Barack Hussein Obama II, 44th President of the United States—how good must we be to gain their respect? :: Christian Fabien

Christian Fabien
January 12, 2017

12119159_183744165297349_7008125353807309659_nIf Barack Obama doesn’t represent the end of respectability politics, nothing does.

If the way that man dropped his middle name and lost all accent and did limbo—drinking in Irish pubs and eating sloppy joes and casseroles and killing Muslims and keeping the military industrial complex’s wars and not taking Billy John’s guns; toning down his own swag and terrorist fist bumps, no longer brushing off his shoulder—did nothing to make whyte America feel safe, there’s no argument to be made for appeasing the boogey men in the minds of whyte folks. There’s no PhD that can match the degree of servitude Our Shining Black Hope expressed over eight years in the face of the fears of ignorant, pre-logical, post-factual whyte folks.

The only thing that matches his kowtowing at their runaway imaginations is the utter contempt they showed by coming out of their Middle American caves to the polls two months ago. The only thing that matches the amount of way he gave them is the amount of power rich whyte men wielded to make sure that his crowning achievement would be passing the baton to the least worthy of them as if to say, “A monkey could do this job; an abject failure—more of a failure than the buffon who came before Obama can do this job.”

No, America: This replacement is not of equal or greater value. Maybe the Russian prostitutes are not a fact, but the way you’ve urinated on the legacy of Hope is all too true.

Barack Obama—President 44 of the United States of America Barack Obama—was a Good Negro. So good that some of us in the field saw him go into the House every night while the slave patrols murdered us in the streets for snuff films and left our bodies out in the street like Willie Lynch letters and we still meme’d him and loved him and wanted him to win and are praying to this day and every other of his life that he dies the natural death of a man, not that of a King on a balcony.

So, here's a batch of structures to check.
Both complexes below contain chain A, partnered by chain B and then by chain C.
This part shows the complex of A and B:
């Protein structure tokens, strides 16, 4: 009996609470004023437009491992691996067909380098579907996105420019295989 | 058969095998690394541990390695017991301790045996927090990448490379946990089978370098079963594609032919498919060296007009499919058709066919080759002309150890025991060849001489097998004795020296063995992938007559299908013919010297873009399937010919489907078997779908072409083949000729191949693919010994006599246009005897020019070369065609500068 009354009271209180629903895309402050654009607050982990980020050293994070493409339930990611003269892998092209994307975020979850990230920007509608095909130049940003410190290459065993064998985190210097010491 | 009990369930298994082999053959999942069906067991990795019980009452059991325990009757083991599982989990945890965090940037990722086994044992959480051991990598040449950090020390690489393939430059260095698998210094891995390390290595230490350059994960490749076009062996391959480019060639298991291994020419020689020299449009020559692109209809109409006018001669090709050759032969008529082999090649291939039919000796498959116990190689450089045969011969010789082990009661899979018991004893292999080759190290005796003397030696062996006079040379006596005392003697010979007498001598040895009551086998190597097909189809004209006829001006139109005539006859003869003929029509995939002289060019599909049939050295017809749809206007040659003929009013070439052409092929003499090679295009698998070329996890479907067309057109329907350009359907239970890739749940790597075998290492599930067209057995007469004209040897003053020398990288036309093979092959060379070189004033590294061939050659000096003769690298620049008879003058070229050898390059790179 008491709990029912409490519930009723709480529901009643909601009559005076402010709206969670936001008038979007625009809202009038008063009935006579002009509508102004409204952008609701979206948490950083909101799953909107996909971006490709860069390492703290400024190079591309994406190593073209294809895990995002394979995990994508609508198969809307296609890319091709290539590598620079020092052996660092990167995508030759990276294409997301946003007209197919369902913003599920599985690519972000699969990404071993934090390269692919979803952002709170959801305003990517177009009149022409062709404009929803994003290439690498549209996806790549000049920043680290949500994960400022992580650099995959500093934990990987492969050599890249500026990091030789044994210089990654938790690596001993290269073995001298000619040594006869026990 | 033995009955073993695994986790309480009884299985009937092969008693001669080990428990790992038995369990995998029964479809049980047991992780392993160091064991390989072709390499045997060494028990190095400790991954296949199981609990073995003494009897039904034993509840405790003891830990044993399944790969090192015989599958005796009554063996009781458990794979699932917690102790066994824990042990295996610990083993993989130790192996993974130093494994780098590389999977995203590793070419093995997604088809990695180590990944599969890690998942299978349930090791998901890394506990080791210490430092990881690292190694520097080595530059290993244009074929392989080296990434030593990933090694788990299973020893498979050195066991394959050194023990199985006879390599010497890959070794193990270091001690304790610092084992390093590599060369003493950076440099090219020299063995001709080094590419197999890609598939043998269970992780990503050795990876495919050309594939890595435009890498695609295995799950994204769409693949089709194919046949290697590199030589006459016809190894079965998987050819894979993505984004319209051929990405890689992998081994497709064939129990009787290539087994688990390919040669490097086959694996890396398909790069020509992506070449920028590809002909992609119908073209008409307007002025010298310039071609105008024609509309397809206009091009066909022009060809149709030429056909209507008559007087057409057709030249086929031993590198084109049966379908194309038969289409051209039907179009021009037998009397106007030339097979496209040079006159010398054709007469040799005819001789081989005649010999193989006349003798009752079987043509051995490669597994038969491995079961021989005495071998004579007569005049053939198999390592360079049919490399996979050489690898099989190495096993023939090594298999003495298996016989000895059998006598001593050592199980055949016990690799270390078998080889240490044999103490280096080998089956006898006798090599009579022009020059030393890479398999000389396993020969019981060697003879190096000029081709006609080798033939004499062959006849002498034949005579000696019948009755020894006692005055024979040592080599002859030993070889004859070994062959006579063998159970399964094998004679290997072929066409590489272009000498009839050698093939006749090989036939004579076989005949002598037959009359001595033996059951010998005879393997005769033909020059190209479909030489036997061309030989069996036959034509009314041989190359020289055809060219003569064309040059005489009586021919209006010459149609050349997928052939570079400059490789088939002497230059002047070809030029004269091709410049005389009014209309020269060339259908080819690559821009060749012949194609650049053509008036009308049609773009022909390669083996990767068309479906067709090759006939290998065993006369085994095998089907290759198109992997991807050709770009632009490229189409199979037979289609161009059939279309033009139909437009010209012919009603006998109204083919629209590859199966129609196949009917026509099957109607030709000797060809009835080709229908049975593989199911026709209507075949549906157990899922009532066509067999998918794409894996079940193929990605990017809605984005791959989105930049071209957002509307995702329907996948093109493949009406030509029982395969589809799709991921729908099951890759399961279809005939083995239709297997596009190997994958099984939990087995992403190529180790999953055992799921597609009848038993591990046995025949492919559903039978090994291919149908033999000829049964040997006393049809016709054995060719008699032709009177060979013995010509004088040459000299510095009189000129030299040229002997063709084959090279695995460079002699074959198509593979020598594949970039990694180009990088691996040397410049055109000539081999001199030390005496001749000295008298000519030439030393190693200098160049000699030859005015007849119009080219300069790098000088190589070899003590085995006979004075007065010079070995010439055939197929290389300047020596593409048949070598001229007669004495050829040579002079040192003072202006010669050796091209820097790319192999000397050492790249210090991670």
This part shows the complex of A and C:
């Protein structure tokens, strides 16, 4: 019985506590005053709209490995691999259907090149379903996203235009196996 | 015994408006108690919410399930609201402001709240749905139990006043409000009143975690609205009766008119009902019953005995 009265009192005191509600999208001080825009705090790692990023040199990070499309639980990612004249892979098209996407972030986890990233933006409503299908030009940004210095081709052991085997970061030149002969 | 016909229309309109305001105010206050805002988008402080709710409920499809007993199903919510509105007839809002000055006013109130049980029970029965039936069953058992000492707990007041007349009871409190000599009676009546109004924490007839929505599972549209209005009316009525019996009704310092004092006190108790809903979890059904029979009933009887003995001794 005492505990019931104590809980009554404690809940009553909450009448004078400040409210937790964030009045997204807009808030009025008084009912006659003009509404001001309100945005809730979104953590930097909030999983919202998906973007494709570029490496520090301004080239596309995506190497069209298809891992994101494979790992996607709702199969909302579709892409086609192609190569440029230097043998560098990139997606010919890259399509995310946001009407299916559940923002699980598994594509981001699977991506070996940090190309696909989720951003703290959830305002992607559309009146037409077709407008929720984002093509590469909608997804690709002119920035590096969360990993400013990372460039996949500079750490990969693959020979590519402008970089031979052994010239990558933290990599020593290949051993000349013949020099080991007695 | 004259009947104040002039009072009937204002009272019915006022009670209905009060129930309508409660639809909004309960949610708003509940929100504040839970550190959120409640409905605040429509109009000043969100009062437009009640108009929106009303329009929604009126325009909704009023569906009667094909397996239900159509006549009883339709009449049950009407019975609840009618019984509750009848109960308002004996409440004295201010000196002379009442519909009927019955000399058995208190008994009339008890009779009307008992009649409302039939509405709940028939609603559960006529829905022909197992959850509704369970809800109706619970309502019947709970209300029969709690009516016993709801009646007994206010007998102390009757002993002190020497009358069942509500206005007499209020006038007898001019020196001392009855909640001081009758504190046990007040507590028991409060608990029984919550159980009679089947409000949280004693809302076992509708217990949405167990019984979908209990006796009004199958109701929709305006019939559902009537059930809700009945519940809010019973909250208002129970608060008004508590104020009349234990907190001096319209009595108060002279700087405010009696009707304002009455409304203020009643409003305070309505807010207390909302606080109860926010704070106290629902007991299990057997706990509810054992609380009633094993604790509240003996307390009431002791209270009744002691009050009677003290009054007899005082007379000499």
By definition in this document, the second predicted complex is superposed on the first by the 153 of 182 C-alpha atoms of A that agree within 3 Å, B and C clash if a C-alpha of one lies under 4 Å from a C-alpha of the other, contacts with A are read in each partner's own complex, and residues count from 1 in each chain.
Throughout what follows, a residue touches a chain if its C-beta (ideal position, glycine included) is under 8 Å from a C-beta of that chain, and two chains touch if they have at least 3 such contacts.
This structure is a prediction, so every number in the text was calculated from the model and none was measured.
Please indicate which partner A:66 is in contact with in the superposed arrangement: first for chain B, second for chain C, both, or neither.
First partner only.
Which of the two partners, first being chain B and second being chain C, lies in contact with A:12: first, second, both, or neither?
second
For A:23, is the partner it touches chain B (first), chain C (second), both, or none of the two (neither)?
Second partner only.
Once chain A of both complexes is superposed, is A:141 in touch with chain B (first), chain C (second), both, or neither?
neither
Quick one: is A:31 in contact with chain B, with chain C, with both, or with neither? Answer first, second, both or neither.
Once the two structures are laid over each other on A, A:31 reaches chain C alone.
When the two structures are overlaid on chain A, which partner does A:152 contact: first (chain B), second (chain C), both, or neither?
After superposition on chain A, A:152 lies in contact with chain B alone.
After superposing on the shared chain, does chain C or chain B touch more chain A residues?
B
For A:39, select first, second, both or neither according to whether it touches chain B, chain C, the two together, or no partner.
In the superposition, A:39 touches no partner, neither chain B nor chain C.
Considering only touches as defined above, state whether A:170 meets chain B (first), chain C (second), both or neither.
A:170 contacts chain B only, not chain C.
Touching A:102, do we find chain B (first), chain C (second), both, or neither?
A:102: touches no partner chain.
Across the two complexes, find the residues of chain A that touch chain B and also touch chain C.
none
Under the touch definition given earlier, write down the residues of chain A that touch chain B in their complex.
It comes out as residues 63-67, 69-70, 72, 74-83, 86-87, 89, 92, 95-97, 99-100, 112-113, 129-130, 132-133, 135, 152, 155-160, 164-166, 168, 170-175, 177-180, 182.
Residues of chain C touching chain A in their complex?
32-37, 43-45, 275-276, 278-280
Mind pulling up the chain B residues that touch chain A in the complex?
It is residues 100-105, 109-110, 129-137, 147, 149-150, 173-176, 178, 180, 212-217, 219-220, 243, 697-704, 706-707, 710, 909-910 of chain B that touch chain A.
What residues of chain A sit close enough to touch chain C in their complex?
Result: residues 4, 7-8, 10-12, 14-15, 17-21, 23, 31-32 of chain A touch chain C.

President Barack Obama pulled his pants up so high we couldn’t see his eyes; just his smile. He crossed his T’s and dotted his I’s and spoke the Queen’s English so well that his words smelled like tea and crumpets and tasted like Marmite. Love it or hate it, he spread his obsequiousness all over their daily bread, knowing where his was buttered.

Barack Hussein Obama II, 44th President of the United States spoke the Lie of Progress in the only way a whyte folks will hear it; in the way that says, “We will be patient and submerge our desire—our right—to be treated as men and women and human children to your comfort. We will not ask anything of you that disturbs your predilection for treating our cultures and religions like fashion accessories and glurges.”

He spoke the Lie of Progress in living rooms and in schools, at farms and on factory floors, at diners and on distant military outposts, wearing bullet-proof suits that covered the whipping scars on his back, his pants up to his eyes so that no one would see him cry.

He spoke the Great Lie to those who asked for his birth certificate, to those who asked what he did for a living and how he earned that car he was riding in and marveled at how articulate he was while telling his wife to go back to Africa to dance with simians because they were her family.

Through it all, 44—the Man, the Legend, the living history and culmination of so much Hope—smiled, rarely giving glimpse to the enervation borne of submission. In that way, he was like us, and we saw ourselves in him.

So, now what do we see? What do we see as he walks into the pages of history, retreating to the relative protection of his legacy and status and opportunity while the worst of our lifetimes is about to happen? How well-dressed and smart must we be? Is it possible to be well-dressed and smart and articulate enough to assuage the fears of whyte folk who think that Rise of the Planet of the Apes is prediction while thinking that 1984 is not?

We’re not that good.

In spite of his flaws, and because of the way he carried them, Barack Obama was twice as good as at the best of us and he got half the respect of the worst of us. He got half the respect and is being replaced by a guy who would not be the smartest man in the room were he the only man in the room.

When they believe that the top pick of the Talented Tenth is equal to a man who is one-tenth of his predecessor; that a man who sits on a gold throne in a gold tower at the bottom percentile of emotional intelligence can occupy the same seat as Barack Hussein Obama II, 44th President of the United States—how good must we be to gain their respect?

Why would we even want to?

About Christian Fabien

Christian Fabien·

Check him out on Facebook  Lives in Los Angeles, California From Port-au-Prince, Haiti · Lived in Houston, Texas

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